The Spider-Man 2 album contains only Danny Elfman’s material originally composed for the film. Debney’s contributions, most notably for the pizza-delivery scene, and Young’s substantial rewrites, for the Doc Ock origin scene and the climactic train battle, have never been released despite featuring prominently in the film. It’s also quite evident that Raimi clashed with Elfman early on in the production, as substantial parts of Spider-Man are re-used, almost verbatim, by Elfman in his sequel score (“I couldn’t even adapt my own music,” the composer said at the time. “I couldn’t get close enough to me”). So, while Elfman’s powerful theme for Spider-Man, his love theme, and a host of smaller motifs return for the sequel, they are often sapped of their power by being essentially rerecords of earlier material.

And that is the most glaring weakness of Elfman’s Spider-Man 2: its note-for-note repetition of passages of music from the original film. “Spider-Man 2 Main Title” is, aside from a few additional electronic swooshes, identical to the main title from the original film. The menacing Green Goblin theme from the prequel is inelegantly replaced with the pounding Doc Ock motif, but the change is awkward and the seams are almost literally visible (a similar problem would beset Christopher Young in transitioning between adapted Elfman material and his own music in Spider-Man 3). “At Long Last, Love,” the final score cue, also cribs heavily from Spider-Man‘s “Finale,” and smaller fragments of regurgitation are scattered throughout the album. While Elfman was under intense pressure to do this, obviously, that can’t alter the fact that this reuse is extremely noticeable and distracting when it appears. Also missing from most of Elfman’s new score material is the contemporary electronic mix that helped make the original Spider-Man such a fun melding of Elfman old and new.

That said, Elfman does provide a major and highly satisfying new theme for the Doc Ock character, an eight-note (naturally) melody that slashes violently up and down the scale in a way that perfectly encapsulates the villain’s powerful, herky-jerky movement. Its awkward shoehorning into “Spider-Man 2 Main Title” aside, the theme is tremendous fun and, when Elfman gives it interplay with his existing theme for Spidey in action set-pieces like “The Bank” or “Armageddon.” It’s especially effective in the unused “Train,” which was replaced wholesale by a Christopher Young piece of comparable complexity and quality but which featured only a muted reference to the Ock theme; the piece as Elfman intended is a first-rate piece of action scoring much like “Final Confrontation” from the first album, the composer letting his themes battle even as the characters on screen do the same.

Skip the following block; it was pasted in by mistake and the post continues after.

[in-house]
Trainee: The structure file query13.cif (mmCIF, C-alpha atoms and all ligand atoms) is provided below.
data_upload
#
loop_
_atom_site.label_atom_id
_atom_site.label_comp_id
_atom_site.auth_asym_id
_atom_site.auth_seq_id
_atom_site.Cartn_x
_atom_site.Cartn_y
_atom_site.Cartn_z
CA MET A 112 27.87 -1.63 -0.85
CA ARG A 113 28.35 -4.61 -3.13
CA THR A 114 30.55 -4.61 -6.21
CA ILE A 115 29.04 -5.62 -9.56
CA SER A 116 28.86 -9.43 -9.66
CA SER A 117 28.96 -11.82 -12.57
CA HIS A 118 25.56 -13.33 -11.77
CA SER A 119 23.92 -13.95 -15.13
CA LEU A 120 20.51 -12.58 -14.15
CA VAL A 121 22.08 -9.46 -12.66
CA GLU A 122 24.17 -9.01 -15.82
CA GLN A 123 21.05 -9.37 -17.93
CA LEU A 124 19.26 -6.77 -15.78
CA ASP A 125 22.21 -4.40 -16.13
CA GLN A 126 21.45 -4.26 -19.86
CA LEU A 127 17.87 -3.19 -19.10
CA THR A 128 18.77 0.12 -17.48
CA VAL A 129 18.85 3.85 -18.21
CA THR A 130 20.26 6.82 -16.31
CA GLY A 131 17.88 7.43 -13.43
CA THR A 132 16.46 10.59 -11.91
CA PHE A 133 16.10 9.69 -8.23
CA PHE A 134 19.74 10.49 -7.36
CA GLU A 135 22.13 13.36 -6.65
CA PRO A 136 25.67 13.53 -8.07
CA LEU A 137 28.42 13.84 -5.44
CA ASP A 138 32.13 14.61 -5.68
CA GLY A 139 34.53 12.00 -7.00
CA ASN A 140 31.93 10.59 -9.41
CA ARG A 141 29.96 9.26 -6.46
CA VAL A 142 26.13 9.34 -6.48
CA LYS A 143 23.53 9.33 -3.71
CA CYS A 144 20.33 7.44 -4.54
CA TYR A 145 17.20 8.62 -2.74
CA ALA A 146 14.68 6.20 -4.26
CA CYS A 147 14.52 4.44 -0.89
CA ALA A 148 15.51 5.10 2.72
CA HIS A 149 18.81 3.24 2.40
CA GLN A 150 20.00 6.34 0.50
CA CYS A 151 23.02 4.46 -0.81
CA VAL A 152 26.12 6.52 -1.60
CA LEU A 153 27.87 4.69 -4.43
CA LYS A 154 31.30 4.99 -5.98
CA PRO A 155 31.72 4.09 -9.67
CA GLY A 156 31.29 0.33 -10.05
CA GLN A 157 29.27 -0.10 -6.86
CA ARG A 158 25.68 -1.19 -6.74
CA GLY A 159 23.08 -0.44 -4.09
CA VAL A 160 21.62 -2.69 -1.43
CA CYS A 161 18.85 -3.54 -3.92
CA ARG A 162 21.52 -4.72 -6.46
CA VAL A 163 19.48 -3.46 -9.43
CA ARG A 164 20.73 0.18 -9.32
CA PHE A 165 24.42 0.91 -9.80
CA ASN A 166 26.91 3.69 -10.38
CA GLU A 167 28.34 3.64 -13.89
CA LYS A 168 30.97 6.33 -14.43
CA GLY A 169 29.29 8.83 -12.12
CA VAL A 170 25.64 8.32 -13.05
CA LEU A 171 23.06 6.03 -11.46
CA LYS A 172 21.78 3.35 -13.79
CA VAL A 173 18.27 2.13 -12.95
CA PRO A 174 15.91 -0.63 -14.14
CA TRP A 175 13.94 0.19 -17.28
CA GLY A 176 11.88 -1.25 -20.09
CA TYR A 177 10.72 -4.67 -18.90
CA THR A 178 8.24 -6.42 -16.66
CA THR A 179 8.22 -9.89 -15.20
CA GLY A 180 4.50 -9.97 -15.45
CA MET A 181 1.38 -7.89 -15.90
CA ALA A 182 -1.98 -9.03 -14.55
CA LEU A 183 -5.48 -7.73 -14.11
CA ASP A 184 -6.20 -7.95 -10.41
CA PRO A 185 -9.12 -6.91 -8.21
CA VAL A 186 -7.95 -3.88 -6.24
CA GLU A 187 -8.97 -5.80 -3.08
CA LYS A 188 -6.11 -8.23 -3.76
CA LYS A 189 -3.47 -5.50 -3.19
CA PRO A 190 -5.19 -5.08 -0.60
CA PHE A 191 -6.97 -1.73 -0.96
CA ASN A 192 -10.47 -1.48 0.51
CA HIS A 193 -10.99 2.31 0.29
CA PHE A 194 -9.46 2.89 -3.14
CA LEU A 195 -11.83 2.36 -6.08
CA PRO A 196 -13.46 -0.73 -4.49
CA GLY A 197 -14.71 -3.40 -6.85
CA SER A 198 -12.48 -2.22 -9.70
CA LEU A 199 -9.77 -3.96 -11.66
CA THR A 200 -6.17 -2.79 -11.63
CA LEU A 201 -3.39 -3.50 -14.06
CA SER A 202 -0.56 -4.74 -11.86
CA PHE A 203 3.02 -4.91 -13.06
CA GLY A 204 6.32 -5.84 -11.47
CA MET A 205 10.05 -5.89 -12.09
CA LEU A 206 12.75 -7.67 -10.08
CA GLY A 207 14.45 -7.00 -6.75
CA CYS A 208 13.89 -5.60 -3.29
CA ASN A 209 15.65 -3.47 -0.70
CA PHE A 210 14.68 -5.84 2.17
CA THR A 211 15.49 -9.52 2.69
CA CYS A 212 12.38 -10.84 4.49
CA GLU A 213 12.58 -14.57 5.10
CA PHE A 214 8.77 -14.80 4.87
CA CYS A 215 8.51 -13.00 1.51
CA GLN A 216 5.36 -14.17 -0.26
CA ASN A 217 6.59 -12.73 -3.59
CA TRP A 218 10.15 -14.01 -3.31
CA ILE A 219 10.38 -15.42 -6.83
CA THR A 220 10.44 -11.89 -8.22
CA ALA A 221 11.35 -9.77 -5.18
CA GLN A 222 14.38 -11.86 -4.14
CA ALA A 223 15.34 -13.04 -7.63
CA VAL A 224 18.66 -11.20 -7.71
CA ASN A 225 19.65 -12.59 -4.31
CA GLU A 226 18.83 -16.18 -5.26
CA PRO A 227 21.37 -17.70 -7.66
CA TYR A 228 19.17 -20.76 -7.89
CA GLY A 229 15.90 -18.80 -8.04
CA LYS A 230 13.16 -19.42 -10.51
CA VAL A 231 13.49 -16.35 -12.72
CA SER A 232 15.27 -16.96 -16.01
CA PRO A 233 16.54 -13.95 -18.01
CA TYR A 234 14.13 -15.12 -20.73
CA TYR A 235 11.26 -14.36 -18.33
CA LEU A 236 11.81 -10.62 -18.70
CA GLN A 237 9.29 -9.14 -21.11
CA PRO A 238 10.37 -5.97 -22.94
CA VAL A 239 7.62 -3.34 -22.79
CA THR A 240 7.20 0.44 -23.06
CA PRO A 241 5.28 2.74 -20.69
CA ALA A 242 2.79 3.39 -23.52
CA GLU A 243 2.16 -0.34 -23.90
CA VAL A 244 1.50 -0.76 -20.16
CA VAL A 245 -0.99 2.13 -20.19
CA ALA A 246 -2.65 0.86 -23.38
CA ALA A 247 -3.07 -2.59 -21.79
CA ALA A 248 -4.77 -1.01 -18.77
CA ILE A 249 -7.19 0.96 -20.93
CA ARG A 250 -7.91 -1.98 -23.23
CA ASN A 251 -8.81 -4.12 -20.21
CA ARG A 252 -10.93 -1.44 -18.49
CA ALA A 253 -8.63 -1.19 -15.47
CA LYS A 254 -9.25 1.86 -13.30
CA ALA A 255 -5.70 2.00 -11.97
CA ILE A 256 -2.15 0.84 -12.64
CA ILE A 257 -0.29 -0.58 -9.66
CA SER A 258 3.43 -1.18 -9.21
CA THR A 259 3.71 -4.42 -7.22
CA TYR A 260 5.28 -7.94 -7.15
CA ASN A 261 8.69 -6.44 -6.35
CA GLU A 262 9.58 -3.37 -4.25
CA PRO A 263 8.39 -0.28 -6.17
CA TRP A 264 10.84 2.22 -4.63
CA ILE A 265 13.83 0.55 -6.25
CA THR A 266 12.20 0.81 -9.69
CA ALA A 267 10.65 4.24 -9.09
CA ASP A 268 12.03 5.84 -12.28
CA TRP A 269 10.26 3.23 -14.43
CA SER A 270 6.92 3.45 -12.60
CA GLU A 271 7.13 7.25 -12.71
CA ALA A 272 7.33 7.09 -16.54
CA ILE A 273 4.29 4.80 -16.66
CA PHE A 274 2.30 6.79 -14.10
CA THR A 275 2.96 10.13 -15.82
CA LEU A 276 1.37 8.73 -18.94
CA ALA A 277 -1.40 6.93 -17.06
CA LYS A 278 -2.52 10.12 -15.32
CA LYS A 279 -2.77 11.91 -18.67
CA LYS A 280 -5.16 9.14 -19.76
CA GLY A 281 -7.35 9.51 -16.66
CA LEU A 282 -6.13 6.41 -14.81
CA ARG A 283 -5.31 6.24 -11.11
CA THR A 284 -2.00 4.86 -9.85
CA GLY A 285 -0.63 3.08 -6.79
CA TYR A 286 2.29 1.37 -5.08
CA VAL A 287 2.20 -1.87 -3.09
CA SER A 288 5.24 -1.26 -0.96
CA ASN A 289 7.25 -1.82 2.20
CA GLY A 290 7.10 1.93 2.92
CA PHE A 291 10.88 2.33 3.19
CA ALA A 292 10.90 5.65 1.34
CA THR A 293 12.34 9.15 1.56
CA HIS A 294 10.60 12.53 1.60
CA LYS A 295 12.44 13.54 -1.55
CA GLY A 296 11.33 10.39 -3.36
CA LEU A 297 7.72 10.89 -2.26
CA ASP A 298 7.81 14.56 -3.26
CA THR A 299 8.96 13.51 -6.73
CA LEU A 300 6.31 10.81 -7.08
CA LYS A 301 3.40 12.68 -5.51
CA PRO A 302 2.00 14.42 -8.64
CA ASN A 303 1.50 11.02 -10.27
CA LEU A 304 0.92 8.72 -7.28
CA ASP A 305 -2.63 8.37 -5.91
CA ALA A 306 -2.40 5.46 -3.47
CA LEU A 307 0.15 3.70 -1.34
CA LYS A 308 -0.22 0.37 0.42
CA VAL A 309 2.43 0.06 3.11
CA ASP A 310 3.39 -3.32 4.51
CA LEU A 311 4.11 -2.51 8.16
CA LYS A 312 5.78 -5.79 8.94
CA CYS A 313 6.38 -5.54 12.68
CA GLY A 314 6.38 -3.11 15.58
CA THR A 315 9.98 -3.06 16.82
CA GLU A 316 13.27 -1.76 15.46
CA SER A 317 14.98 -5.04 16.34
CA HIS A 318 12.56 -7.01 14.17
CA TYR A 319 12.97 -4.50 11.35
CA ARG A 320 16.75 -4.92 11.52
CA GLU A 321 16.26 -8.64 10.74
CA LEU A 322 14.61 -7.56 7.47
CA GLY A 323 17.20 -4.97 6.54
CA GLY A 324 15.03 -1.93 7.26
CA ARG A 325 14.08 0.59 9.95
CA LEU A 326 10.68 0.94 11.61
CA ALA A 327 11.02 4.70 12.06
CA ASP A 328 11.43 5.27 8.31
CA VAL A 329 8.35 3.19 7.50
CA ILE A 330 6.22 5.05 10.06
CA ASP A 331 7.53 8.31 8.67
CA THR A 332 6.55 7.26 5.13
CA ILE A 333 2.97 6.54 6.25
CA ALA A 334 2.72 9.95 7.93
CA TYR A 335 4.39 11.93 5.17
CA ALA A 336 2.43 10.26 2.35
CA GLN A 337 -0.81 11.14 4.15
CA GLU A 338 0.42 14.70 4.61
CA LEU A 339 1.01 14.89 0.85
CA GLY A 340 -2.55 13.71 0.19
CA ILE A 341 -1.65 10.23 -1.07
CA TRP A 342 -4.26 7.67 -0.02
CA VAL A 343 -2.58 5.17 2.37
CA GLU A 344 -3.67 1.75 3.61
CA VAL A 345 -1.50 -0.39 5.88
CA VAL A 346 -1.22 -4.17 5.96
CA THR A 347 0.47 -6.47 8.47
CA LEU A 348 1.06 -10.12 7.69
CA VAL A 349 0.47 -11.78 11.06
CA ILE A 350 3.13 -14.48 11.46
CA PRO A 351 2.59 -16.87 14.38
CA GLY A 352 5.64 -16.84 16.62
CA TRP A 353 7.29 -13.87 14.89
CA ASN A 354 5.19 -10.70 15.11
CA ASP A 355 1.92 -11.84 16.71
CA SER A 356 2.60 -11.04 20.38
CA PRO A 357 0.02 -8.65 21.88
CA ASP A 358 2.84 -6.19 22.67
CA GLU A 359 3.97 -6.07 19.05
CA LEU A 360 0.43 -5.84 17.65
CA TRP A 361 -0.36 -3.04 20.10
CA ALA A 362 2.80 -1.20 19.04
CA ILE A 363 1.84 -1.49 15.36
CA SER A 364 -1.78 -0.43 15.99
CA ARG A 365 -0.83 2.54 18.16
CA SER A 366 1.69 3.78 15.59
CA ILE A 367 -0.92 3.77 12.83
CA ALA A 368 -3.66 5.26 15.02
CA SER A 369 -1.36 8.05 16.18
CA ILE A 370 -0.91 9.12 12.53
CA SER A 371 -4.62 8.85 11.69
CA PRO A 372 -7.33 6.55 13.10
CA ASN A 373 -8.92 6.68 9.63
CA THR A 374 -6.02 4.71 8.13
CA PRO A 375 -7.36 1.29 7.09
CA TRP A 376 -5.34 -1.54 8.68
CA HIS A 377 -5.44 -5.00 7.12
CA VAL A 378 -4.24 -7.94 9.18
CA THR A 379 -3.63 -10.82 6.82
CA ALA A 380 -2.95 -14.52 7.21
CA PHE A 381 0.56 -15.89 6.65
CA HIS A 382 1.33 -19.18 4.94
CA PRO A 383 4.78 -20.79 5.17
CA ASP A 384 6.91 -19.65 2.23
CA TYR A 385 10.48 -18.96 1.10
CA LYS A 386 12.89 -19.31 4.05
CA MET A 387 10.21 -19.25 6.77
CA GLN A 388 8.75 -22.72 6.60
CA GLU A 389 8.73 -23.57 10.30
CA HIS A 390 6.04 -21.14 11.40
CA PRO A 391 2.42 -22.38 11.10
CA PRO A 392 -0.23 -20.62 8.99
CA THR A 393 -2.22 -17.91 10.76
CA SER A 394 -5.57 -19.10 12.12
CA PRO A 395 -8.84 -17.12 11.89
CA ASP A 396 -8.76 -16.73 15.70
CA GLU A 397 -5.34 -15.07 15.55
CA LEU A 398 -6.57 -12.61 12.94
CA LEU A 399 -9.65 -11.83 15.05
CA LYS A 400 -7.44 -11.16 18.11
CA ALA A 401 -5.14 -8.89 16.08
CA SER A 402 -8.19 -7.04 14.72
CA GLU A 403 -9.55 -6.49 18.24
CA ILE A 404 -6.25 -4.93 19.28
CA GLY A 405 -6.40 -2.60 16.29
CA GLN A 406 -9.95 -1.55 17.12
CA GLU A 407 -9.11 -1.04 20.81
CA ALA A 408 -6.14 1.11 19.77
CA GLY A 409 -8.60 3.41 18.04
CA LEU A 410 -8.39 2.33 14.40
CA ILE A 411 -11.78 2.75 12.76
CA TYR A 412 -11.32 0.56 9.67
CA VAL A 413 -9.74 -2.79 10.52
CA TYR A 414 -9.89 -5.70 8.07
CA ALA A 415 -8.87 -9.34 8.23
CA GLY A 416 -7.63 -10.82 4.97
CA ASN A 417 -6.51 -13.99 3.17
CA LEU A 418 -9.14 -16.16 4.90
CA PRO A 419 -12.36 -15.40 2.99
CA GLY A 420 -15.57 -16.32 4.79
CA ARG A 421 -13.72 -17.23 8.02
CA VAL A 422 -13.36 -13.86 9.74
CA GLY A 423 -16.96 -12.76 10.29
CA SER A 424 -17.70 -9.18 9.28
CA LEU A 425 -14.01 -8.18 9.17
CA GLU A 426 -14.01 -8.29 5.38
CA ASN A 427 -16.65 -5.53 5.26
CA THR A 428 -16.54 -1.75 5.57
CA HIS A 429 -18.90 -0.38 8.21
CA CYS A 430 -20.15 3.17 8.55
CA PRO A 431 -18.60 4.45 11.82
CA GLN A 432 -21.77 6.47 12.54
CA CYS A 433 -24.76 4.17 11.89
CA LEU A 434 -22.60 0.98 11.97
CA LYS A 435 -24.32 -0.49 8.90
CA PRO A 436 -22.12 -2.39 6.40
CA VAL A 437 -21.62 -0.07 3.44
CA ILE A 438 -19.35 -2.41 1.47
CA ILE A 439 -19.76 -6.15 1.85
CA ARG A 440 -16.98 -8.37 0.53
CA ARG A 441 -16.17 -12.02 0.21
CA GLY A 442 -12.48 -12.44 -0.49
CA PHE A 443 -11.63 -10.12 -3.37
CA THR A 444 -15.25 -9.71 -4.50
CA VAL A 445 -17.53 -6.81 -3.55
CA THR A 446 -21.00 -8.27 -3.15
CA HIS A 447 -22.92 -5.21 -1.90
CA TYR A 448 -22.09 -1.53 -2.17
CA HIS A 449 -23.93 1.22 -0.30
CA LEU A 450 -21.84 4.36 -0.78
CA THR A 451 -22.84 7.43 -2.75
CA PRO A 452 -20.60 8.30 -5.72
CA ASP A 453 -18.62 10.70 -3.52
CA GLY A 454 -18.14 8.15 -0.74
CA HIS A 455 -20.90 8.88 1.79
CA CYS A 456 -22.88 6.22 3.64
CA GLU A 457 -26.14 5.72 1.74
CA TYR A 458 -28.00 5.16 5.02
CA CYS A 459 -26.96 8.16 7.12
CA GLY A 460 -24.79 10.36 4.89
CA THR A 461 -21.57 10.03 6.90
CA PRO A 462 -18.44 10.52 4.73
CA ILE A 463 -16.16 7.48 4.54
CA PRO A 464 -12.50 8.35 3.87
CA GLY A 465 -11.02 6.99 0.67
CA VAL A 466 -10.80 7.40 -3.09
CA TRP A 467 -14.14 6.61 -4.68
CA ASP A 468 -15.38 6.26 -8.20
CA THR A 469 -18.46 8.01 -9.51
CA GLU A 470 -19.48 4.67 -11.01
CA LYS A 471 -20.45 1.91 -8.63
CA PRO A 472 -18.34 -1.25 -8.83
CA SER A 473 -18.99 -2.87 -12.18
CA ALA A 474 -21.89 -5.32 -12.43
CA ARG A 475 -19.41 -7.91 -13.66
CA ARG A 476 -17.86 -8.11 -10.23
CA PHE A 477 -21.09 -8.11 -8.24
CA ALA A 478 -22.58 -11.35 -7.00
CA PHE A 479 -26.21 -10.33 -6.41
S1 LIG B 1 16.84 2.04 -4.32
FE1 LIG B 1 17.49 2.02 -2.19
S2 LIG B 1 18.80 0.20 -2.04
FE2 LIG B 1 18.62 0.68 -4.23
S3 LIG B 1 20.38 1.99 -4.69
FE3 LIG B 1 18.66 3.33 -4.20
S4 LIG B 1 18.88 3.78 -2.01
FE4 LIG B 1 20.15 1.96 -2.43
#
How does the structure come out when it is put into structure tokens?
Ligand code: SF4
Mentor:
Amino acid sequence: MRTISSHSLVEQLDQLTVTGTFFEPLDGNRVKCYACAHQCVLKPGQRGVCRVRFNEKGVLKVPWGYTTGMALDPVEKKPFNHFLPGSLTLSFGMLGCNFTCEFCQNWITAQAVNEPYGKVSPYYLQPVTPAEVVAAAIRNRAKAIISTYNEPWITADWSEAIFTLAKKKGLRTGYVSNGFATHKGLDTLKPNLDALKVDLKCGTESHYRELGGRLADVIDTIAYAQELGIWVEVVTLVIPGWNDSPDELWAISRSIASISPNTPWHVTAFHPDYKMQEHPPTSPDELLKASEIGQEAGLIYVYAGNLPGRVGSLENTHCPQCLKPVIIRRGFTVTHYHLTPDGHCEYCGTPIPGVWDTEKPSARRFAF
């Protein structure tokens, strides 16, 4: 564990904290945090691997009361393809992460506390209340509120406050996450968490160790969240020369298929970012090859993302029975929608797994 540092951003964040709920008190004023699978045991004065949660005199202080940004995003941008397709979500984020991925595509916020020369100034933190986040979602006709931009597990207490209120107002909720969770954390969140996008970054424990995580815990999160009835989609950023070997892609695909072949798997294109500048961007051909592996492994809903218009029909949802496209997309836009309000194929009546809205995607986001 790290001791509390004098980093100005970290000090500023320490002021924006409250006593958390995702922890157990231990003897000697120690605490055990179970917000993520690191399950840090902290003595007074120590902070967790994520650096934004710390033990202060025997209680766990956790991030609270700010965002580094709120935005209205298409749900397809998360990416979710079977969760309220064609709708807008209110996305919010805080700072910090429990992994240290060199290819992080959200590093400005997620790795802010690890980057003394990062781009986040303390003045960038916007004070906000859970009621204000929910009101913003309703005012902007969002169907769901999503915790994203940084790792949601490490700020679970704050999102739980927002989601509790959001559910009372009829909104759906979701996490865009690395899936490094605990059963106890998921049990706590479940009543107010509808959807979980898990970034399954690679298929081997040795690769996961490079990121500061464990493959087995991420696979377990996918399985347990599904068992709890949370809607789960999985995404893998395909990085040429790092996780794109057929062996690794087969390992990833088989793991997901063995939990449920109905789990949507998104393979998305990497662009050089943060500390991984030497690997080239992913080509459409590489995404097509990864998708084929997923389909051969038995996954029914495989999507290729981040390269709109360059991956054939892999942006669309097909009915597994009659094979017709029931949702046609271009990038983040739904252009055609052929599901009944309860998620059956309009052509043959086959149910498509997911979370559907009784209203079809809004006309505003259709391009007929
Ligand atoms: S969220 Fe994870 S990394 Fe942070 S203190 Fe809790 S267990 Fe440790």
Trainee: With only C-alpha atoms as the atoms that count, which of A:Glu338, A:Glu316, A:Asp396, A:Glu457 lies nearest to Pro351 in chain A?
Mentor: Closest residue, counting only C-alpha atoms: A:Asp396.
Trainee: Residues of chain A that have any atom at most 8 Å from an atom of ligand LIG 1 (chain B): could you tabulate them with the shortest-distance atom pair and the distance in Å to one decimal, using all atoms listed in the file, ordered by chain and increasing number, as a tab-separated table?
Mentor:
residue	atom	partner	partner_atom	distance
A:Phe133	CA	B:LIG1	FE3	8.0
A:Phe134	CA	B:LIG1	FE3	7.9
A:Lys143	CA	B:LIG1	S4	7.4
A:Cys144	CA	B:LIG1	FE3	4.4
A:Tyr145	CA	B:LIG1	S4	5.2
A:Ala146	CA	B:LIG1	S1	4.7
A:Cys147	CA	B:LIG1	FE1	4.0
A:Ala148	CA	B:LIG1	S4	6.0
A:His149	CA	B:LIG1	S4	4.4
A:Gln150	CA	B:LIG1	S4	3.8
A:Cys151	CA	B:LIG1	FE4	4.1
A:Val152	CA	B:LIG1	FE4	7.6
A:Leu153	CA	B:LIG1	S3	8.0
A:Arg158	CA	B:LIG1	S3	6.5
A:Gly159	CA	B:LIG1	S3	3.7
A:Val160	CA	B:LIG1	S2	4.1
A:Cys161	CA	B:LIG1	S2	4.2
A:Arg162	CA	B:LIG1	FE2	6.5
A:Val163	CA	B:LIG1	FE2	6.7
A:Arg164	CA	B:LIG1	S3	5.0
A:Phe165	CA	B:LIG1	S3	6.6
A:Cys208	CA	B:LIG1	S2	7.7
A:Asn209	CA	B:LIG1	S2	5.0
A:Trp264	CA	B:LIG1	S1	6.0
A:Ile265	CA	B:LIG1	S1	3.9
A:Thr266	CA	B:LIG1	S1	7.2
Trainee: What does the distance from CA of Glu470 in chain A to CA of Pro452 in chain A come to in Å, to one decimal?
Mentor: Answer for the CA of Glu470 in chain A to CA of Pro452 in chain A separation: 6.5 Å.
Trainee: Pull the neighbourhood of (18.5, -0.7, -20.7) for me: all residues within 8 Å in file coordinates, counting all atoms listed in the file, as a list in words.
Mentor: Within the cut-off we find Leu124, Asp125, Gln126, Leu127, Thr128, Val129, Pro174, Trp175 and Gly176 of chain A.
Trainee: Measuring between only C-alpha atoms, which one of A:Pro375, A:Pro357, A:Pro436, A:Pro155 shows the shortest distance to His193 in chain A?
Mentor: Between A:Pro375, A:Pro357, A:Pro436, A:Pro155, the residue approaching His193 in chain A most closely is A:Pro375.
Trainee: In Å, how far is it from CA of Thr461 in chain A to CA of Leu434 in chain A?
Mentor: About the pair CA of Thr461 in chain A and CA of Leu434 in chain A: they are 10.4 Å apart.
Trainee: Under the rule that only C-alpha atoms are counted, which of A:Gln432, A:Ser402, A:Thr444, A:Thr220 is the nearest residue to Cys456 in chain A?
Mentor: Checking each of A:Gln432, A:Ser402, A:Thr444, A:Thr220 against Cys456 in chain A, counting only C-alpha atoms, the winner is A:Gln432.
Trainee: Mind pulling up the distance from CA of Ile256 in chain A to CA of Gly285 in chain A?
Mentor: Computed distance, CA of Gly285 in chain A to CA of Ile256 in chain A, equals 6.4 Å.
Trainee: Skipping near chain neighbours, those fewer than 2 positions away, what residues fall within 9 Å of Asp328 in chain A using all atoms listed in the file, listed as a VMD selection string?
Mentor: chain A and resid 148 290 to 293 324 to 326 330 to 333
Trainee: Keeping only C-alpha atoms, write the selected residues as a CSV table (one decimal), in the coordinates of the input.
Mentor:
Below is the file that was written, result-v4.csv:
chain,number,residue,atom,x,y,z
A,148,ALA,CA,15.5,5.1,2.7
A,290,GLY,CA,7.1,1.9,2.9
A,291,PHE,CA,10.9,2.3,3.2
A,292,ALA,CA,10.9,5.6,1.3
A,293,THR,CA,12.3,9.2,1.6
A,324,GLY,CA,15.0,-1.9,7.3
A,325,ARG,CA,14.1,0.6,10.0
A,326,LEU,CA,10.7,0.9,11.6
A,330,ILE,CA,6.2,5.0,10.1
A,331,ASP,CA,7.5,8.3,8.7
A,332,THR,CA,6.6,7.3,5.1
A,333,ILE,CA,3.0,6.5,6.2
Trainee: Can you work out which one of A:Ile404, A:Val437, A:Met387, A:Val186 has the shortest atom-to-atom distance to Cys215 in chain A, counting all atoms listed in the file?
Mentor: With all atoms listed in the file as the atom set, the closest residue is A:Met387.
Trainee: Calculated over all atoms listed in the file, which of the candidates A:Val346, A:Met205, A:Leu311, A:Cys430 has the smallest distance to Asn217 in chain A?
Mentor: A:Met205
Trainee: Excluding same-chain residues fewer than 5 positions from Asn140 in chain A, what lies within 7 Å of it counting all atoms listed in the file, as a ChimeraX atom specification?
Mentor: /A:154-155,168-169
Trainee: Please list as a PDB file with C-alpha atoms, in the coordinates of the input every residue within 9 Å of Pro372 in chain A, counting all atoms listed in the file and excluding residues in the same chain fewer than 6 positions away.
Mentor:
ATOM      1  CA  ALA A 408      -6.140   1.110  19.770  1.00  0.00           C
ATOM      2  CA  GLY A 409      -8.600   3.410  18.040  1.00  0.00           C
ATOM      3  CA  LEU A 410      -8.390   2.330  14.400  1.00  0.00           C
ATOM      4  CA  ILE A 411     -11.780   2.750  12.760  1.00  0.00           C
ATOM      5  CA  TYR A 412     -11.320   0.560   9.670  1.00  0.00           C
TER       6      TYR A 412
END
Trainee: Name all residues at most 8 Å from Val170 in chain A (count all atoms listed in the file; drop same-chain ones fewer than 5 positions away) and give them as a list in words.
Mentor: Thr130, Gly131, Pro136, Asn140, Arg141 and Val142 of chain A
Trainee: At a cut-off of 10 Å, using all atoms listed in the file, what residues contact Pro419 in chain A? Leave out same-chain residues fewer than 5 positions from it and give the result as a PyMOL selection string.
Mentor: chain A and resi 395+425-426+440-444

The composer is able to do some interesting things with his themes in places. Elfman’s love theme has plenty of mileage and development throughout cues like the first part of “Spidus Interruptus” and “A Really Big Web!” and it is, if anything, more lovely when it’s allowed to breathe away from the director’s influence. Also, somewhat surprisingly, the menacing Green Goblin villain theme from the first movie is given a dark reprise in “The Goblin Returns,” foreshadowing Christopher Young’s extensive use and adaptation of that theme in the third and final film of the Raimi trilogy.

Raimi and Elfman’s acrimonious split, with the composer declaring that he’d rather wait tables than have another Spider-Man 2 experience, meant that Spider-Man 3 was composed entirely by Christopher Young with substantial adaptations of Elfman’s themes. Young himself saw much of his work tinkered with or replaced by material written by Deborah Lurie or tracked in from the first two films, and it was never released in any form. The (relative) disaster of Spider-Man 3 in 2007 soured virtually the entire cast and crew on the series, leading to a risible series of remakes a few years later. Elfman and Raimi, much like Elfman and Burton in the mid-90s, eventually made amends and would work together again on Oz the Great and Powerful in 2013. As for Elfman’s Spider-Man 2, the strong original material and some clever adaptations of material from the previous film are enough to recommend it on album, but it’s hard to escape the feeling of repetition and needledropping that so frustrated the composer during the scoring process. One can sense the score Elfman wanted to write struggling to escape from the one he was allowed to write.

Rating: starstarstar

Congo (Jerry Coldsmith)

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Always the bridesmaid, never the bride. That has been a sore spot for many of film score composer Jerry Goldsmith’s fans for years, the fact that the he often seemed to get also-rans and warmed-over leftovers of major films while those films themselves went to other people (often Goldsmith’s contemporary John Williams). Williams scored Superman, Goldsmith got Supergirl; Williams scored Home Alone, Goldsmith got Dennis the Menace; Williams scored Raiders of the Lost Ark, Goldsmith got King Solomon’s Mines. And, of course, Williams scored Jurassic Park and Goldsmith got Congo.